I'll start with the setting of this story in broad detail. The story takes place in Allendale, California. The year is 2026. That year doesn't sound all that far off right now, but Bradbury published the story 76 years before that date. In other words, the time setting of this story is nearly a century in the future. 76 years from right now would be 2092. With the pace of current technological growth in the world, I can barely fathom what homes might be like in that future.
That's what Bradbury was going for with his setting. His setting helps sell the possibility and probability of his main character. The main character is the house itself. The house is so smart and self-sufficient that it is capable of operating completely on its own. It doesn't need humans. The house is capable of waking people up, making breakfast, and cleaning up. In fact, the house is even capable of disposing of dead bodies. As the fire begins in the house, readers get a sense that the house can feel. There is a frantic pace to the house's actions.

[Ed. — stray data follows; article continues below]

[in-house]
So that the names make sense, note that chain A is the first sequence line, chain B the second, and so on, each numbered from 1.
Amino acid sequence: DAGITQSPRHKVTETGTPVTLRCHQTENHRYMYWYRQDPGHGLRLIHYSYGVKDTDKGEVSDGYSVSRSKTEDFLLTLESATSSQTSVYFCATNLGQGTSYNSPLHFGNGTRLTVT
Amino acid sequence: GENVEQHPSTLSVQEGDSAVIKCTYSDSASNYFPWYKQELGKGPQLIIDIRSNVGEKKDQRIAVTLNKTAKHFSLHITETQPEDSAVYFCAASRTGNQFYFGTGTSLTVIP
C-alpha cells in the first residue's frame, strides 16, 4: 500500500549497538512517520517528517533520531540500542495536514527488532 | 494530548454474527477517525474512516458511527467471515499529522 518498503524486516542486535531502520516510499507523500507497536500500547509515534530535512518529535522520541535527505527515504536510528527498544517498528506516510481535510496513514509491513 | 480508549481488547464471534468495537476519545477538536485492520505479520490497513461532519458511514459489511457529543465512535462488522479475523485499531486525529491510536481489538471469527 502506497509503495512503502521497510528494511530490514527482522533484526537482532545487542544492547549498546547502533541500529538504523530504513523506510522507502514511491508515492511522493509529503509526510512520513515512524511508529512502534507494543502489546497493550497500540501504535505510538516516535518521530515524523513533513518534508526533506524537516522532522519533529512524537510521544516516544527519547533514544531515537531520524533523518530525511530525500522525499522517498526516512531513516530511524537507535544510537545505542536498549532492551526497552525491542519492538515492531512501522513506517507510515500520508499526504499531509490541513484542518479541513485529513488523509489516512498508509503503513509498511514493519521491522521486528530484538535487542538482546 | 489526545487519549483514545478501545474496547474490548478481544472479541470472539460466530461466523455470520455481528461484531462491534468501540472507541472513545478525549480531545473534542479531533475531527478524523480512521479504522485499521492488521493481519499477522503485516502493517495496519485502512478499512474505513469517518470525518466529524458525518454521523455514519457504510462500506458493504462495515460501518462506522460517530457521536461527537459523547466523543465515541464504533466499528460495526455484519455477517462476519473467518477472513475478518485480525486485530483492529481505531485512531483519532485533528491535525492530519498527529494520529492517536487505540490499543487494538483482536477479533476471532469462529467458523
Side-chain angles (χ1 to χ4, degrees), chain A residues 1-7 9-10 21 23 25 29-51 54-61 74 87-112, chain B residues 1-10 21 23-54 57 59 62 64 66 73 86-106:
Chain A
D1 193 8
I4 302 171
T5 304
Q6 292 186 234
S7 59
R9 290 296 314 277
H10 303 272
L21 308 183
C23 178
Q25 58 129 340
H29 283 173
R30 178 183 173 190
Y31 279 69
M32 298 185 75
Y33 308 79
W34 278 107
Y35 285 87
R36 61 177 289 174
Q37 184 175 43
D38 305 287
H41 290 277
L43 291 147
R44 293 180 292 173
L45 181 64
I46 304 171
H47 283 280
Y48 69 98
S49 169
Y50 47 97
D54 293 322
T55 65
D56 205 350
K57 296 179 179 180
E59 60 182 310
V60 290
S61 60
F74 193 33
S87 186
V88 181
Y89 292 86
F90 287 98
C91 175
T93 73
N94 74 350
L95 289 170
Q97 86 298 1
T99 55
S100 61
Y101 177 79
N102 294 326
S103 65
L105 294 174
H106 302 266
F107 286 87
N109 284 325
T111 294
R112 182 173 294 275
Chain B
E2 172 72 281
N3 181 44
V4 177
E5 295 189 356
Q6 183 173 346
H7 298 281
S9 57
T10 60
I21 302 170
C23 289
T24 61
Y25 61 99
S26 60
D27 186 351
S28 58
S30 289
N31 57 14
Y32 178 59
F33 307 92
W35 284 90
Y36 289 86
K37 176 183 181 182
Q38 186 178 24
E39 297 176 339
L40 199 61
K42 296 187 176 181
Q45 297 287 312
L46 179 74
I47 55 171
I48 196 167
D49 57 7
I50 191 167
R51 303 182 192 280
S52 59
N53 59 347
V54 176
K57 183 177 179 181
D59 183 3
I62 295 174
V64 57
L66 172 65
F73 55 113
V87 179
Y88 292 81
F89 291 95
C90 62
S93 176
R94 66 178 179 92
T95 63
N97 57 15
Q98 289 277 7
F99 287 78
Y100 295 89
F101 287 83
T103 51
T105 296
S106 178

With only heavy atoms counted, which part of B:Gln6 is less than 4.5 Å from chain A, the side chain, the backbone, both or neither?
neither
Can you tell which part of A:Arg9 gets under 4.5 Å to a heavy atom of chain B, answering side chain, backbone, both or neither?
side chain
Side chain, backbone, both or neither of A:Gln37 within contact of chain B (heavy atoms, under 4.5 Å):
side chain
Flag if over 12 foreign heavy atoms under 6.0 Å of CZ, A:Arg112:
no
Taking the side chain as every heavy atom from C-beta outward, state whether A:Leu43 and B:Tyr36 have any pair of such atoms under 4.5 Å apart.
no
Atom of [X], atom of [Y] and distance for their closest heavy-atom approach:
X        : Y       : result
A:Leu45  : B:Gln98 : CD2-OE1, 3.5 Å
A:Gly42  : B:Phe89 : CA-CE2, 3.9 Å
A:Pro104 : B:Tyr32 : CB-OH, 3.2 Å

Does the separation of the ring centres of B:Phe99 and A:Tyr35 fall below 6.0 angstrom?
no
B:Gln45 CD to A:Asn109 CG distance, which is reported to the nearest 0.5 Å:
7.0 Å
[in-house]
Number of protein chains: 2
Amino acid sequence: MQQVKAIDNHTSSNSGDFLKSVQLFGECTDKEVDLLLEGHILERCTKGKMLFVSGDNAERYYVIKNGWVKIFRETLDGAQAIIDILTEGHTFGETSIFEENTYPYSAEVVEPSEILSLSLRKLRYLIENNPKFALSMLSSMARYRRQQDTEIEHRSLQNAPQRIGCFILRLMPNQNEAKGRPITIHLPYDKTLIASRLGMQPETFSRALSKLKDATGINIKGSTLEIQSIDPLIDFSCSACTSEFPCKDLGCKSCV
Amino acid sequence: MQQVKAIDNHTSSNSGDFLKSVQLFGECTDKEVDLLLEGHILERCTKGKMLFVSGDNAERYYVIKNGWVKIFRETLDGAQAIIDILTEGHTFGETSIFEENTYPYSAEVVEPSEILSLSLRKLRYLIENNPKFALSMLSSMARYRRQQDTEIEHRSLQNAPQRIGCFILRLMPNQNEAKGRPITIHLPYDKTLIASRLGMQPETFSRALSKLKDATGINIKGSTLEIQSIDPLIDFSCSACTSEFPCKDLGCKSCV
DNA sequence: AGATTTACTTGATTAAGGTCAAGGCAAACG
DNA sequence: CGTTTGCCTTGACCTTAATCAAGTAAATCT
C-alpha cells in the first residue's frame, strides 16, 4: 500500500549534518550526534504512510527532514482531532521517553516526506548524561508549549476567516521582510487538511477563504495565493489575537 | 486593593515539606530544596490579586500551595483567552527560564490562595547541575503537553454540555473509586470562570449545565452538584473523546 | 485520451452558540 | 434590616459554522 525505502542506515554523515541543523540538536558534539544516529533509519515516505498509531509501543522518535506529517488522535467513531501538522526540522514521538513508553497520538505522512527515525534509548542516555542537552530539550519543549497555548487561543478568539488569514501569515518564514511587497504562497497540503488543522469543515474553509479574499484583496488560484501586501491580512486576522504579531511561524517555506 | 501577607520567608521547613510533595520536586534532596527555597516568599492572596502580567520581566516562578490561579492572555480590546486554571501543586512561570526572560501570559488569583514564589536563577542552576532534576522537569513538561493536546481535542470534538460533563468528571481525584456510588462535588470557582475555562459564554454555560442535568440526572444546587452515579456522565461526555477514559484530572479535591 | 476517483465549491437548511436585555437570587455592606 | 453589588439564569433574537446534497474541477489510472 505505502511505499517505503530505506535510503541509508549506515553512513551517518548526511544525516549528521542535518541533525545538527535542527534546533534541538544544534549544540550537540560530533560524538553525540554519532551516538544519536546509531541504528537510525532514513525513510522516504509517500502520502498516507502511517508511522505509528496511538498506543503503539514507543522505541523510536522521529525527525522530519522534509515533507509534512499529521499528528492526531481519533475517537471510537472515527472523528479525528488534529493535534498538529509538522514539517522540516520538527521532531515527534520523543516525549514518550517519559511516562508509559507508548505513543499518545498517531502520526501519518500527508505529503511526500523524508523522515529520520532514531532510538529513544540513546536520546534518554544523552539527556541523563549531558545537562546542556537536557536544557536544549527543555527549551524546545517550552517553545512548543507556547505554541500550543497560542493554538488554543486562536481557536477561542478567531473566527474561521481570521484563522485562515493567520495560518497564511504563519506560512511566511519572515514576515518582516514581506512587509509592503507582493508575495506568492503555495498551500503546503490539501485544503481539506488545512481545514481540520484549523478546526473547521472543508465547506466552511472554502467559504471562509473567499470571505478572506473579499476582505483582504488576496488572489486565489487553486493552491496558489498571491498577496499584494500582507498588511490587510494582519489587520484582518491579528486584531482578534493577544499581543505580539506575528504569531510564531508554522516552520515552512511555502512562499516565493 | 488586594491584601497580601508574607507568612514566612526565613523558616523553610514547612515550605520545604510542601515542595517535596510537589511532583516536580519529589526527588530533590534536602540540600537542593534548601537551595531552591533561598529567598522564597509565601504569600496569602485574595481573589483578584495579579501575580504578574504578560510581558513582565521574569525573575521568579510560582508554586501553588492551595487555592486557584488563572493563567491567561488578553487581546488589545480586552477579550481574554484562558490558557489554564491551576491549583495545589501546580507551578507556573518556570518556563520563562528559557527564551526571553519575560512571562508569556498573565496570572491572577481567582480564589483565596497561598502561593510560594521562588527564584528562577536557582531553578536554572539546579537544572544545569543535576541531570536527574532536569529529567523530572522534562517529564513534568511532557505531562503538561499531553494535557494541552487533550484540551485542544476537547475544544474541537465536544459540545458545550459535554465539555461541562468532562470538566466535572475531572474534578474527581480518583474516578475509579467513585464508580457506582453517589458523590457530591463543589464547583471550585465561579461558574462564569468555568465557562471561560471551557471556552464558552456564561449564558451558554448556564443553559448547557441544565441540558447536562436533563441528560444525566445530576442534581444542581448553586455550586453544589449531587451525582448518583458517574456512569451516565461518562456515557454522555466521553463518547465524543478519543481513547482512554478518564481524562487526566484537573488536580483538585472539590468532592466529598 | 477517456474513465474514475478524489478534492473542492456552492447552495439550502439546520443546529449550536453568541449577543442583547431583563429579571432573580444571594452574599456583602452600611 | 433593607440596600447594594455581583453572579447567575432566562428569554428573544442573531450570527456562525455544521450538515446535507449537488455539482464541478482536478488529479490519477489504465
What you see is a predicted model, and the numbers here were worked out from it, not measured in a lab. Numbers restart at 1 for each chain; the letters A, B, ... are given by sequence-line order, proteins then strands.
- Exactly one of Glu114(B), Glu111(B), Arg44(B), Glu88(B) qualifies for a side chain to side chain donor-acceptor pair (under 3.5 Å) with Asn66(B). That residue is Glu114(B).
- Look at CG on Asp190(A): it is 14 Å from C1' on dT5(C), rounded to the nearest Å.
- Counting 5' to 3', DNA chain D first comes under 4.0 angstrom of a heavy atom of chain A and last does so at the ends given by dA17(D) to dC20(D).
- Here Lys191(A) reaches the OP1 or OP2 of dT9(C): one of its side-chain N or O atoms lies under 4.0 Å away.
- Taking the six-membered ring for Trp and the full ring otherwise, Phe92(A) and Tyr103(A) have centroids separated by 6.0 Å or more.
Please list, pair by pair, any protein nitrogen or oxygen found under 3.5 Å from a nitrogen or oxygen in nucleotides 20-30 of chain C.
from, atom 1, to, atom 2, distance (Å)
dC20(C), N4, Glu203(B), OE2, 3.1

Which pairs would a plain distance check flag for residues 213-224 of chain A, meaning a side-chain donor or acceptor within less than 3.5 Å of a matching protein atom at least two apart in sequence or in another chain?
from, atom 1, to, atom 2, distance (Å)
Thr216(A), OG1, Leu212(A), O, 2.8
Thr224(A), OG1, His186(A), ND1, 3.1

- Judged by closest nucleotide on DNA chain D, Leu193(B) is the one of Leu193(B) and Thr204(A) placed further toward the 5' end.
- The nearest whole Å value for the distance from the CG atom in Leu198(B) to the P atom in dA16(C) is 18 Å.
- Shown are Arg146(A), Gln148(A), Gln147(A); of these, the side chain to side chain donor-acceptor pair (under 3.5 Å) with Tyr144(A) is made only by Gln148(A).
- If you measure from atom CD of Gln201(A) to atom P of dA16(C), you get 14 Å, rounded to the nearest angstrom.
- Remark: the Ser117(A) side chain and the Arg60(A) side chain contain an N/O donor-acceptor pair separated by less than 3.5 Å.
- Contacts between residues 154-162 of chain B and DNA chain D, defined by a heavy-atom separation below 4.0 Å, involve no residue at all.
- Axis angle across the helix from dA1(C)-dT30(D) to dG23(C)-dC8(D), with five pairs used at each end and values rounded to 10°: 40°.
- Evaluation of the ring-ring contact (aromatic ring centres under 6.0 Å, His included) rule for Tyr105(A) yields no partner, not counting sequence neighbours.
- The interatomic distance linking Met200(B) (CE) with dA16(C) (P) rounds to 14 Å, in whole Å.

The house shuddered, oak bone on bone, its bared skeleton cringing from the heat, its wire, its nerves revealed as if a surgeon had torn the skin off to let the red veins and capillaries quiver in the scalded air. Help, help! Fire! Run, run!
The above quote nicely illustrates the frantic pace and fear of the house. What I also like about the above quote is how it describes the house in human biological terms. The house has bones and a skeleton. It has nerves, skin, veins, and capillaries. The house is alive. In order to sell that kind of concept to readers about a home being alive and intelligent, the story has to be set in the future. Readers can look at current technological innovations, and they can then imagine what those things might look like in the future. A living house with a personality that loves and fears makes sense in the future.